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The jibba or jibbah (Arabic: جبة, romanized: jubbā), originally referring to an outer garment, cloak or coat,) is a long coat worn by Muslim men. During the Mahdist State in Sudan at the end of the 19th century, it was the garment worn by the followers of the Mahdī (Anṣār, 'helpers'). Muhammad Ahmad proclaimed himself al-Mahdī al-Muntaẓar (the Expected Rightly-guided One), successor of the Islamic prophet Muhammad, in 1881. He exhorted his followers to join a jihad against Turco-Egyptian Sudan.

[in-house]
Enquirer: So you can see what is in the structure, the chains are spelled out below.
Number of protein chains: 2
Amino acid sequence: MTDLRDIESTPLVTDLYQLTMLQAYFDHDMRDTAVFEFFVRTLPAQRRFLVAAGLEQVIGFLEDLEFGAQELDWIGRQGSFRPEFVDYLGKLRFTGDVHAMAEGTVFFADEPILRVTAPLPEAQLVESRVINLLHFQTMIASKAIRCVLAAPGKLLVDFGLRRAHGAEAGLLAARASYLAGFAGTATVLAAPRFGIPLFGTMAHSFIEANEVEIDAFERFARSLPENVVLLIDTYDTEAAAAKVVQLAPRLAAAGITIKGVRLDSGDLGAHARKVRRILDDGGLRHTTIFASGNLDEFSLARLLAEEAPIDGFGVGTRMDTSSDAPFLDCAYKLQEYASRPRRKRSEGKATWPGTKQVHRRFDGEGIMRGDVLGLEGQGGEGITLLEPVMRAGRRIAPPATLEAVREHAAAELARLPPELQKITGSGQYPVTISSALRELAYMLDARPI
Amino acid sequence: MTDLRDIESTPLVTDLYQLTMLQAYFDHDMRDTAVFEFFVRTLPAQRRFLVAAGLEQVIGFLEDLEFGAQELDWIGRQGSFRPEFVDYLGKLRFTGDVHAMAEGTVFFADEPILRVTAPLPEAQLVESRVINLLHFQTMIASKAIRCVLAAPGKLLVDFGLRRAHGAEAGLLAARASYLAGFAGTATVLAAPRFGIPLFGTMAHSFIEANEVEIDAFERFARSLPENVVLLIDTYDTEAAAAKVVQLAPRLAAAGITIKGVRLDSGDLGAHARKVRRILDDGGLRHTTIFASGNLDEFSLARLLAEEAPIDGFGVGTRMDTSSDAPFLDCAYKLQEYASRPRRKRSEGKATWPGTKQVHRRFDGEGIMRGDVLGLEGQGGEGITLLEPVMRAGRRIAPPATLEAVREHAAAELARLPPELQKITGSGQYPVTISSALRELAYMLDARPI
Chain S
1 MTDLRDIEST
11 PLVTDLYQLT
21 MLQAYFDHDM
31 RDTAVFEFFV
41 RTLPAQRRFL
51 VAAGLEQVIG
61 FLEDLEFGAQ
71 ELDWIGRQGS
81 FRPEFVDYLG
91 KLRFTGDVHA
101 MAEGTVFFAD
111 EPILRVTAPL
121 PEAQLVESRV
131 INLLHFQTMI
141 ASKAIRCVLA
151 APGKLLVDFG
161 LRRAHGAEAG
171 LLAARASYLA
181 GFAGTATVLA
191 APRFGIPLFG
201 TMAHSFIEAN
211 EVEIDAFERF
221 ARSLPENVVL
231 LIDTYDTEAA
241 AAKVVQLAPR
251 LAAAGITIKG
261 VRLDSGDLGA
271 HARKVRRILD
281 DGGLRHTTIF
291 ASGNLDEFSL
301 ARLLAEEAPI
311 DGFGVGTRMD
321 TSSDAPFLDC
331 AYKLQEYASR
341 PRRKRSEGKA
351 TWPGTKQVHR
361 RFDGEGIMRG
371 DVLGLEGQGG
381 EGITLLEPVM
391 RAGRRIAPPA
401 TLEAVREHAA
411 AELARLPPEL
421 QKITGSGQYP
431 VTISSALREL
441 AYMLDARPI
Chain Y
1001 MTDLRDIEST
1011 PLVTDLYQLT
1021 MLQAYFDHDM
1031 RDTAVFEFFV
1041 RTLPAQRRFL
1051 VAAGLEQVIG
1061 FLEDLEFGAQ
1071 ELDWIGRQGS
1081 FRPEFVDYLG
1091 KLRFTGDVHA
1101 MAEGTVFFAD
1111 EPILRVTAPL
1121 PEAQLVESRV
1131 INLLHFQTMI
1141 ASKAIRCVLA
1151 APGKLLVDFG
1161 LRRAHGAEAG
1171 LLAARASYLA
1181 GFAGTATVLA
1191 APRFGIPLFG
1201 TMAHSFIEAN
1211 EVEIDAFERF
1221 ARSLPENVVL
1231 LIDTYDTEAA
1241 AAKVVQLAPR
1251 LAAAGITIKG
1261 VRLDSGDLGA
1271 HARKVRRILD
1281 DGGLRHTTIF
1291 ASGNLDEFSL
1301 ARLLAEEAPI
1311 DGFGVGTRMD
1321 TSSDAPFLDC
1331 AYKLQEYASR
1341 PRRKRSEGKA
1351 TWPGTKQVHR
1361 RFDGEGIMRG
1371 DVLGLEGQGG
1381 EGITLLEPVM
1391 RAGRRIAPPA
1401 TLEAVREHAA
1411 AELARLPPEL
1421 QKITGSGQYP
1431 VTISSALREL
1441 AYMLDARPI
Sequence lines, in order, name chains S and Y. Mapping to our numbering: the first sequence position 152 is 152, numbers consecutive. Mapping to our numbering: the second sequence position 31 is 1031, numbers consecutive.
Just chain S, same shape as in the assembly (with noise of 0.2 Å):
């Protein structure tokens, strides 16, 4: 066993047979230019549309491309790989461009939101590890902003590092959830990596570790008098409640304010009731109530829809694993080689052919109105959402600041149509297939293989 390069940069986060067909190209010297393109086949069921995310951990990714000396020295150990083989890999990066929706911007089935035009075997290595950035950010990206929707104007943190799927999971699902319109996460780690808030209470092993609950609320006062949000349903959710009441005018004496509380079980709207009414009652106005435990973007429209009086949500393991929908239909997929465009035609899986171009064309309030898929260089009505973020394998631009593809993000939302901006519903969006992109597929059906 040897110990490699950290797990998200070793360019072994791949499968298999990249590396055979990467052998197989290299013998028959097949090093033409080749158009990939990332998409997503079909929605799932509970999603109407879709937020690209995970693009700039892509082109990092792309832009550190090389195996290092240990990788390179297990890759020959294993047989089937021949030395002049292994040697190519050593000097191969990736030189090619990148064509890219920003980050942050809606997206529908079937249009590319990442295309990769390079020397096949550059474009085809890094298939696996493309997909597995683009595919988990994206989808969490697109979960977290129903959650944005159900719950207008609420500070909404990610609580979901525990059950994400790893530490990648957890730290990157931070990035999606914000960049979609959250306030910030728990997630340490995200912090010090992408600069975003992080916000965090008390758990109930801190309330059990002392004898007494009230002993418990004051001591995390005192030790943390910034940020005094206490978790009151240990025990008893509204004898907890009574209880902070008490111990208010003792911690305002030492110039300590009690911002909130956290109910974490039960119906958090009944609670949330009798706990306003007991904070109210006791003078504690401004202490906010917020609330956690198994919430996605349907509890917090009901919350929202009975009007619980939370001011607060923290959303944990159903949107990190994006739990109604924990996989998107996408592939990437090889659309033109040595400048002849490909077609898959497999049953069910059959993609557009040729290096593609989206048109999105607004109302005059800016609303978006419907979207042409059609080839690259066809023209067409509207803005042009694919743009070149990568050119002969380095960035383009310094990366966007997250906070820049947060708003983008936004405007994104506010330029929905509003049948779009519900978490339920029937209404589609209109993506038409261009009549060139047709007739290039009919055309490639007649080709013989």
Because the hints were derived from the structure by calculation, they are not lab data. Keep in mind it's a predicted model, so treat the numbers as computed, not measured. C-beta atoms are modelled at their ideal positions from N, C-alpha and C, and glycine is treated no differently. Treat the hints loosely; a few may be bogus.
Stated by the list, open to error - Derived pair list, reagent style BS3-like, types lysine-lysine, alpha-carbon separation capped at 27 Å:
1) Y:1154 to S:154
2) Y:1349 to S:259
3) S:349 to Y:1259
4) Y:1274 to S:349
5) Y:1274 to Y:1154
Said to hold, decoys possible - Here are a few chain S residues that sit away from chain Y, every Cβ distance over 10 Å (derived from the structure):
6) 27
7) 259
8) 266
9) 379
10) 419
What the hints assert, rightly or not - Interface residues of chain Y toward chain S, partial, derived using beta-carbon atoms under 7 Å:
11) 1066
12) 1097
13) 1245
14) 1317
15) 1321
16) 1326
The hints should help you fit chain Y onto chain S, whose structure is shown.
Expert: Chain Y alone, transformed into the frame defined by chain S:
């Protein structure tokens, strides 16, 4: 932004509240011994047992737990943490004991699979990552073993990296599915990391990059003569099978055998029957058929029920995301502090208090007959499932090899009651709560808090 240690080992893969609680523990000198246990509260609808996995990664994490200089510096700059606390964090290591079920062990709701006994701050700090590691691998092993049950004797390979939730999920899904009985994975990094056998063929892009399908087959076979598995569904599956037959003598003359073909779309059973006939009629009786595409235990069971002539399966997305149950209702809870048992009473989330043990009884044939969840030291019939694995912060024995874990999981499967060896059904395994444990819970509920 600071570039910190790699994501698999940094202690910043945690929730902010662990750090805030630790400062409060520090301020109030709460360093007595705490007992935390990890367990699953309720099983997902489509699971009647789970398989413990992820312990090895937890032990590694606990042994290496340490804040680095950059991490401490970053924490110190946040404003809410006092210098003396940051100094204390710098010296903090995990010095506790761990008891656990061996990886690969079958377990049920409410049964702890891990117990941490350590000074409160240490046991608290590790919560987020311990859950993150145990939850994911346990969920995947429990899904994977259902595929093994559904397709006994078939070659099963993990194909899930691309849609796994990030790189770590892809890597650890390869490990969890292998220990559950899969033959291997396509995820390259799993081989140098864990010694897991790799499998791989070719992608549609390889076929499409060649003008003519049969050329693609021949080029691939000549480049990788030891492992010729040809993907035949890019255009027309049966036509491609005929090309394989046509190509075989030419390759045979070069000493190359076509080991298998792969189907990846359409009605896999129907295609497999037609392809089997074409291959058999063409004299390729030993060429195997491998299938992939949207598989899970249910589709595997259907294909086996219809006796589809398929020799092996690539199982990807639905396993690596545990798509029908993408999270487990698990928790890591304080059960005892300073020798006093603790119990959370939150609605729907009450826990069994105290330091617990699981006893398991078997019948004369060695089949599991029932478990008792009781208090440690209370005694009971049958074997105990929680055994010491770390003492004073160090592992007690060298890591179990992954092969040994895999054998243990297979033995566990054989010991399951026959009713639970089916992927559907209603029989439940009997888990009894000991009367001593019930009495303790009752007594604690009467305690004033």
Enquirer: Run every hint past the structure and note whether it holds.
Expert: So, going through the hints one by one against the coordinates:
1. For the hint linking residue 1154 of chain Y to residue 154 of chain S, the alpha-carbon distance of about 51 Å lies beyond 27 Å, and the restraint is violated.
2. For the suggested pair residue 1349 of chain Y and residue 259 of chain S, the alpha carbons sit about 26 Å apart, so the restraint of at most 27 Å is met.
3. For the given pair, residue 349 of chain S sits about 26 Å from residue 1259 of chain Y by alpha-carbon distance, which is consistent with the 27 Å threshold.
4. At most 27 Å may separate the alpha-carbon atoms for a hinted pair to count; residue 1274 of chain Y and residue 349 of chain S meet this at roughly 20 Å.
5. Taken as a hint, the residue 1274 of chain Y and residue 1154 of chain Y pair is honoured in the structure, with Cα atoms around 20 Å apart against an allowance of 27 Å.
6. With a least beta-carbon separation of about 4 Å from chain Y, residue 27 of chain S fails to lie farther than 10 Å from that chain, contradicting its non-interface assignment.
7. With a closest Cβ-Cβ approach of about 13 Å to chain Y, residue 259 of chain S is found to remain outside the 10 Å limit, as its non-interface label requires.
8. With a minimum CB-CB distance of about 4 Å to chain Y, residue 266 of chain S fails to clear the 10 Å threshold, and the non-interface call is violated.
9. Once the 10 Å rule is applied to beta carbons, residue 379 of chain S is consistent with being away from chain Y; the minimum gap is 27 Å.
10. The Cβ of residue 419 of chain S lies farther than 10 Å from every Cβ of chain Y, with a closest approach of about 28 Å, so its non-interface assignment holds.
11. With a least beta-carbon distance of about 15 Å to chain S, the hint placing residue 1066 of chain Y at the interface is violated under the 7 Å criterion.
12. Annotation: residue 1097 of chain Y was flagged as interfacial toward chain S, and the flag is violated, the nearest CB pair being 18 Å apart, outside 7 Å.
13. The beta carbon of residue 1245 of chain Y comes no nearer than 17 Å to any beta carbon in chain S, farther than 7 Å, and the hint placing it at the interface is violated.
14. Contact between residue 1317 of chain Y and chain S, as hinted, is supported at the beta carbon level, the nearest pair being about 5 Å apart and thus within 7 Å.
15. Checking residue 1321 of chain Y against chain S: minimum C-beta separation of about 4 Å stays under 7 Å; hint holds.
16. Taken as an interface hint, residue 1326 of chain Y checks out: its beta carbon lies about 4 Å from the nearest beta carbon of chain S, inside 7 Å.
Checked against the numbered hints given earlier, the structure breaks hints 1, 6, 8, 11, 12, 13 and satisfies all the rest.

The Mahdī decreed that all his followers should wear the patched jibba, a version of the muraqqa’a worn by Sufi mendicants, which symbolises the wearer's commitment to a religious way of life. The ascetic symbolism of the patched garment was appropriate to the Mahdist aim to restore strict Islamic standards to Sudan, which they felt had been corrupted by the appointment of European and American Christians into positions of power by the Ottoman-Egyptian government.
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